In the not-so-distant past, changing your lifestyle habits in the name of environmental protection and sustainability was extremely alternative and might have earned you a badge of “greenie”, “hippie” or “eco-warrior”. Fast forward to 2020 and the game has changed.
In light of all the alarming climate change and environmental damage as the human population continues to expand, adopting habits that have Mother Nature in mind is just common sense. To drive less, go plastic-free, pay more attention to where your clothes are made, or start a compost system are not just accepted choices, they are encouraged and applauded. It’s almost a sin to drink from a plastic straw or arrive at the supermarket without carrying your reusable tote bag.
One area of life that is intricately woven into our daily existence, wellbeing and the health of the planet – but hasn’t been central in the sustainability discussion until fairly recently – is what we choose to put on our plates.
As an award-winning food systems specialist and educator for 15 years, Australian-born Michelle Grant is at the forefront of this conversation. Backed by a hefty list of credentials in chemical and environmental engineering, management, technology and economics, Michelle was the founding executive director of the World Food System Centre at the Swiss Federal Institute of Technology.
She has designed and delivered international graduate-level education programs around food systems and sustainability, secured millions of dollars’ worth of funding and supported more than 30 research projects, and worked on solutions to global issues.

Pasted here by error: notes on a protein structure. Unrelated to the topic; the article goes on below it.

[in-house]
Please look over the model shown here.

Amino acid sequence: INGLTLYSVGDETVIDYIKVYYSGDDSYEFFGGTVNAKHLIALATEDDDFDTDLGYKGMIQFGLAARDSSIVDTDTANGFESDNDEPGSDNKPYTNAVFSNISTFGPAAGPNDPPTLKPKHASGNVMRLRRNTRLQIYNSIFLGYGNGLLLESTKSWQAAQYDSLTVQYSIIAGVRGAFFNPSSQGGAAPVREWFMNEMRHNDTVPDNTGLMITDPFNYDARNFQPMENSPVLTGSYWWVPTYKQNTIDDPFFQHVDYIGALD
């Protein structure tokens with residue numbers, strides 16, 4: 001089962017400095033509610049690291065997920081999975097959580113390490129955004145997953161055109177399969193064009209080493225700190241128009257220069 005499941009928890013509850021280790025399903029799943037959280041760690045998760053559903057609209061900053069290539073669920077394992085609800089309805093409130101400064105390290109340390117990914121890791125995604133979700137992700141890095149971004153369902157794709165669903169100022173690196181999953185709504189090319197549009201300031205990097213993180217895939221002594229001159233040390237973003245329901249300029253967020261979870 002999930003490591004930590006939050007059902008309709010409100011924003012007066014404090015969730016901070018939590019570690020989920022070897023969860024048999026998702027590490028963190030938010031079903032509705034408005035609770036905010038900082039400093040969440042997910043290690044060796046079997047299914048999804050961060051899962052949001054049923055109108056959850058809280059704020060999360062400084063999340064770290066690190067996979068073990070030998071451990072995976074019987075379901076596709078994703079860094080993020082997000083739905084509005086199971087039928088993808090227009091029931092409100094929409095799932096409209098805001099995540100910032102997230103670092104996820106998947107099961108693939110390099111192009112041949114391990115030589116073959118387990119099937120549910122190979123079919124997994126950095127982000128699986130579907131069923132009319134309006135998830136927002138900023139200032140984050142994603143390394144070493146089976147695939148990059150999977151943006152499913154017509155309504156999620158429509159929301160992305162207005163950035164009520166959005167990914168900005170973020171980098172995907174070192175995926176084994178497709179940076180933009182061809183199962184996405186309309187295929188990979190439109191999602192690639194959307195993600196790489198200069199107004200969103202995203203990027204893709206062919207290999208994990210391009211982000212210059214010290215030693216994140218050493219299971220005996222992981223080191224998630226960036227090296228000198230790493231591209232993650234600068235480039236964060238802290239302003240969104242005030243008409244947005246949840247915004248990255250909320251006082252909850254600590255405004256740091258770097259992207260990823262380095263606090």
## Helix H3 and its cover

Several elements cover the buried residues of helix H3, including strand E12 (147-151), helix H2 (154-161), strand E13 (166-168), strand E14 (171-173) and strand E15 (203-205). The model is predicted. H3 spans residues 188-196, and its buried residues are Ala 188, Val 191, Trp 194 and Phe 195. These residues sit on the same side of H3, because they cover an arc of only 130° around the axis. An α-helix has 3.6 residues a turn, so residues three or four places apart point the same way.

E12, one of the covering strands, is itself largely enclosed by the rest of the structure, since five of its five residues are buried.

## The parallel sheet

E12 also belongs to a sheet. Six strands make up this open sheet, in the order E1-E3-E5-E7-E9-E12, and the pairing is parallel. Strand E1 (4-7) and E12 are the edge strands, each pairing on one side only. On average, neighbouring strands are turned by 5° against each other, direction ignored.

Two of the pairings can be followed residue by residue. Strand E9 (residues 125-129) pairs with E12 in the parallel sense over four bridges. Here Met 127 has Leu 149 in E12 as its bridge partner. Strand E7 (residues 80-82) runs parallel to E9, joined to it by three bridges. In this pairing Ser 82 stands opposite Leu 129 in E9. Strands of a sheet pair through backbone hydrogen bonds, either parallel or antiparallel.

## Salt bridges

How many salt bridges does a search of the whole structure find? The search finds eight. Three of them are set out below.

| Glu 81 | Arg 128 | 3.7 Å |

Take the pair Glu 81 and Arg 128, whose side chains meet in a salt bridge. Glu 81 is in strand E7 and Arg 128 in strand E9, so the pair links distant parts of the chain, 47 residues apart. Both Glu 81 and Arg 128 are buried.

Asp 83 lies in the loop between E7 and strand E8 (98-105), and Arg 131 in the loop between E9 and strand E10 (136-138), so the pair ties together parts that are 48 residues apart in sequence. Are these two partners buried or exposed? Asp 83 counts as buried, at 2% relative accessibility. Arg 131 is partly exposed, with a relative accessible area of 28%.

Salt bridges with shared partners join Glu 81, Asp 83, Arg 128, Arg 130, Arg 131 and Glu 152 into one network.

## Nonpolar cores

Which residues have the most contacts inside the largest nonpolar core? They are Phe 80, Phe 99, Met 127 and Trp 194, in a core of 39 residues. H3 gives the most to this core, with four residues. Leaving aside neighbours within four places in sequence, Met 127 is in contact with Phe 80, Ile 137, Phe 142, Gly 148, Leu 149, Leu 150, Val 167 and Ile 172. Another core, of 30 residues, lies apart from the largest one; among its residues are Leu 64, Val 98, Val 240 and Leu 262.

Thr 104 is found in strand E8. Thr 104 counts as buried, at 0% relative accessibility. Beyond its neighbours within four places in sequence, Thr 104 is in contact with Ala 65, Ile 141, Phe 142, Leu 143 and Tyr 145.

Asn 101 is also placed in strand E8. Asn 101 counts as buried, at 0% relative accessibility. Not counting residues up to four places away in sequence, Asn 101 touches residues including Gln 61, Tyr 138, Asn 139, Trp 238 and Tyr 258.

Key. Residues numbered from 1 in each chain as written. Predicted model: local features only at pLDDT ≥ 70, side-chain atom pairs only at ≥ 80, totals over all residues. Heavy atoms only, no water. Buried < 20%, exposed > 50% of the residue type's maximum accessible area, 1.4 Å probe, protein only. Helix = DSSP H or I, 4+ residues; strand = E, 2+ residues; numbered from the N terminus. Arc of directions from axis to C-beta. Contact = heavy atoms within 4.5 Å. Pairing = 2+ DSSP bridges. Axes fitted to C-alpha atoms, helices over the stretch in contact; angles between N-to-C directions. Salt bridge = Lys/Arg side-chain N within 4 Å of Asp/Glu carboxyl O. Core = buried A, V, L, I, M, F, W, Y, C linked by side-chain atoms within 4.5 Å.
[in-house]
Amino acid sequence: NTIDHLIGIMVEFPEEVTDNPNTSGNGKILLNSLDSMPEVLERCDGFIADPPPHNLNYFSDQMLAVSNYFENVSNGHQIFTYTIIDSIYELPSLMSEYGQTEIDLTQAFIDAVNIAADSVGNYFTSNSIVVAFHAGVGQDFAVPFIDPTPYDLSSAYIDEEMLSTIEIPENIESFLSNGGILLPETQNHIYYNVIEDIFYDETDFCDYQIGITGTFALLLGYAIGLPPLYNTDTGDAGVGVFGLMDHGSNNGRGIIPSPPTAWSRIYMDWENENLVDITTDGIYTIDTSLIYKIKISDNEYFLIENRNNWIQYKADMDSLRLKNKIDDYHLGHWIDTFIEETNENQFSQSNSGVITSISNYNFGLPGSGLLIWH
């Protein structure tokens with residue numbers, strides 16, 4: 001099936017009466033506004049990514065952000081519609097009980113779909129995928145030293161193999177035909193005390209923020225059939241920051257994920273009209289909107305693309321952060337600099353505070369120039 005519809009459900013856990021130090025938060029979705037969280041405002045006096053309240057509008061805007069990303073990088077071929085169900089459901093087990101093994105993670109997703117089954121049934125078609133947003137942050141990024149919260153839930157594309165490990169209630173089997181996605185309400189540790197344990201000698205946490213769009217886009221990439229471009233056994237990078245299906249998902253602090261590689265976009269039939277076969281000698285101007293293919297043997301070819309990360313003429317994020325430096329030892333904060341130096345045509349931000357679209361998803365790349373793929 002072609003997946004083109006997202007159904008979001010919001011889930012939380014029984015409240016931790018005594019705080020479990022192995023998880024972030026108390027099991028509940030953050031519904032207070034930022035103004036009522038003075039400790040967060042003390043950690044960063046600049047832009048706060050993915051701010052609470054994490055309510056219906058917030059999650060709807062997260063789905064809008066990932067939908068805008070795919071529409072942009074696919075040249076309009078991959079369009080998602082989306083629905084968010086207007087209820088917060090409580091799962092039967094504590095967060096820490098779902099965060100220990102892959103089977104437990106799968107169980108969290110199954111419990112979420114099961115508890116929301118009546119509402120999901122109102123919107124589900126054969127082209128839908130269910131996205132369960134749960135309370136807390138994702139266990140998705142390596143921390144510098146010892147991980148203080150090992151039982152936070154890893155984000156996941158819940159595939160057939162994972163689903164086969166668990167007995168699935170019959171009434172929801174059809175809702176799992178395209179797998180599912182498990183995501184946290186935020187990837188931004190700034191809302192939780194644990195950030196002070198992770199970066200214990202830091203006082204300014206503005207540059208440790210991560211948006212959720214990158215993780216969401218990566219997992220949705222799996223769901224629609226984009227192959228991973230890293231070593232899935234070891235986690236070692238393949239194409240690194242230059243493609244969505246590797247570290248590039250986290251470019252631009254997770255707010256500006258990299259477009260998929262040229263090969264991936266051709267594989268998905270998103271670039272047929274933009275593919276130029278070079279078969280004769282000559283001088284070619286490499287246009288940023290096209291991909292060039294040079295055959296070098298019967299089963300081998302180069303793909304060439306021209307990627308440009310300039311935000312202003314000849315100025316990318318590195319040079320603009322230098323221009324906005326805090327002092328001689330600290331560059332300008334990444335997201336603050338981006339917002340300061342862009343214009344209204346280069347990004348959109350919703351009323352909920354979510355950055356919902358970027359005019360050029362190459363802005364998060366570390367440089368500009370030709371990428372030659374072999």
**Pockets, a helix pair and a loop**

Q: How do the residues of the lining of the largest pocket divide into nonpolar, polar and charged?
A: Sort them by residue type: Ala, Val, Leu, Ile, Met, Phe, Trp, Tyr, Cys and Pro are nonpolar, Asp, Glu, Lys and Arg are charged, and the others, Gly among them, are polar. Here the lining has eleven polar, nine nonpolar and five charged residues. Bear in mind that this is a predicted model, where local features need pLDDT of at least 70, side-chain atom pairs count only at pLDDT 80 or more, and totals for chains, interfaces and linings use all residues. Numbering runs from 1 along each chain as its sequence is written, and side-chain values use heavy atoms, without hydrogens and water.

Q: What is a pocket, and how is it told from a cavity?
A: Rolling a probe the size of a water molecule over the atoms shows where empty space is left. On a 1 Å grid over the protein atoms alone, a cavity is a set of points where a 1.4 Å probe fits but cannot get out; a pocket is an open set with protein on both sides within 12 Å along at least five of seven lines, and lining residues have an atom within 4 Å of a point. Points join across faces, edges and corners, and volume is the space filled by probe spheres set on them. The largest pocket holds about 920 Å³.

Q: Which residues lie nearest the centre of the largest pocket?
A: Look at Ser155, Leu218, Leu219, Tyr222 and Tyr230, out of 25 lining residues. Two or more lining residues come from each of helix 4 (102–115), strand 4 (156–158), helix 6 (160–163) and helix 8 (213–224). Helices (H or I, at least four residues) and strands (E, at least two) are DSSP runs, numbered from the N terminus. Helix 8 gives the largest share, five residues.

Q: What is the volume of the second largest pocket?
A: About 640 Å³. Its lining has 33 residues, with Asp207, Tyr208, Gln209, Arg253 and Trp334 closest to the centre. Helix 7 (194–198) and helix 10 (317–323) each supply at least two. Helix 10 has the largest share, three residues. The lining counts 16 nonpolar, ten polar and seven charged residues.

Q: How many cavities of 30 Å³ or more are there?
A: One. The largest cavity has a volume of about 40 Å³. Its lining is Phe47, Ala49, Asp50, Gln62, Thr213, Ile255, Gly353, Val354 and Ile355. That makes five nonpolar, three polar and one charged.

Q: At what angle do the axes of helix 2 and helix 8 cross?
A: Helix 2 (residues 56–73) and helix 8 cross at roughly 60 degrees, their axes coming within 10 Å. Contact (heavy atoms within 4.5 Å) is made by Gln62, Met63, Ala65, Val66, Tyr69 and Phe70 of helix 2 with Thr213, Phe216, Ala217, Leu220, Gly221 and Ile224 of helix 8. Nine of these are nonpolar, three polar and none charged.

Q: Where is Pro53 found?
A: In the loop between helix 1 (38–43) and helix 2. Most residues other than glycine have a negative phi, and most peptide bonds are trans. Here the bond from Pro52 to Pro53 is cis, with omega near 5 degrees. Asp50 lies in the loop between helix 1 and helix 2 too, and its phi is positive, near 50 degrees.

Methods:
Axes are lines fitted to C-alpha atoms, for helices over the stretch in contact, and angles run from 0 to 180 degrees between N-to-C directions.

Although she handed over the position in 2018, she continues as education director, recently launched her own online platform, and has now written her first book, The Great Full: Sustainable Eating with Purpose and Joy. Having read her fair share of unengaging (or extremely depressing) reports, Michelle knew she wanted to provide something for the everyday person that tackled issues of food and sustainability with a sense of joy and purpose, rather than doom.
“Food is such an emotional, cultural topic and I really wanted to create something that would help people navigate this space. It doesn’t have to be so overwhelming,” she says.
A compilation of powerful insights, encouraging lifestyle tips and lots of recipes, she hopes it will empower people to eat, live and lead in a way that fosters greater wellbeing for individuals and wider communities.
See the connection
Where humans used to grow their own food in tight-knit village communities and be intimately involved with the process from farm to table, it’s now easy to wolf down a plate of food without giving a second thought to the people and processes behind each morsel.
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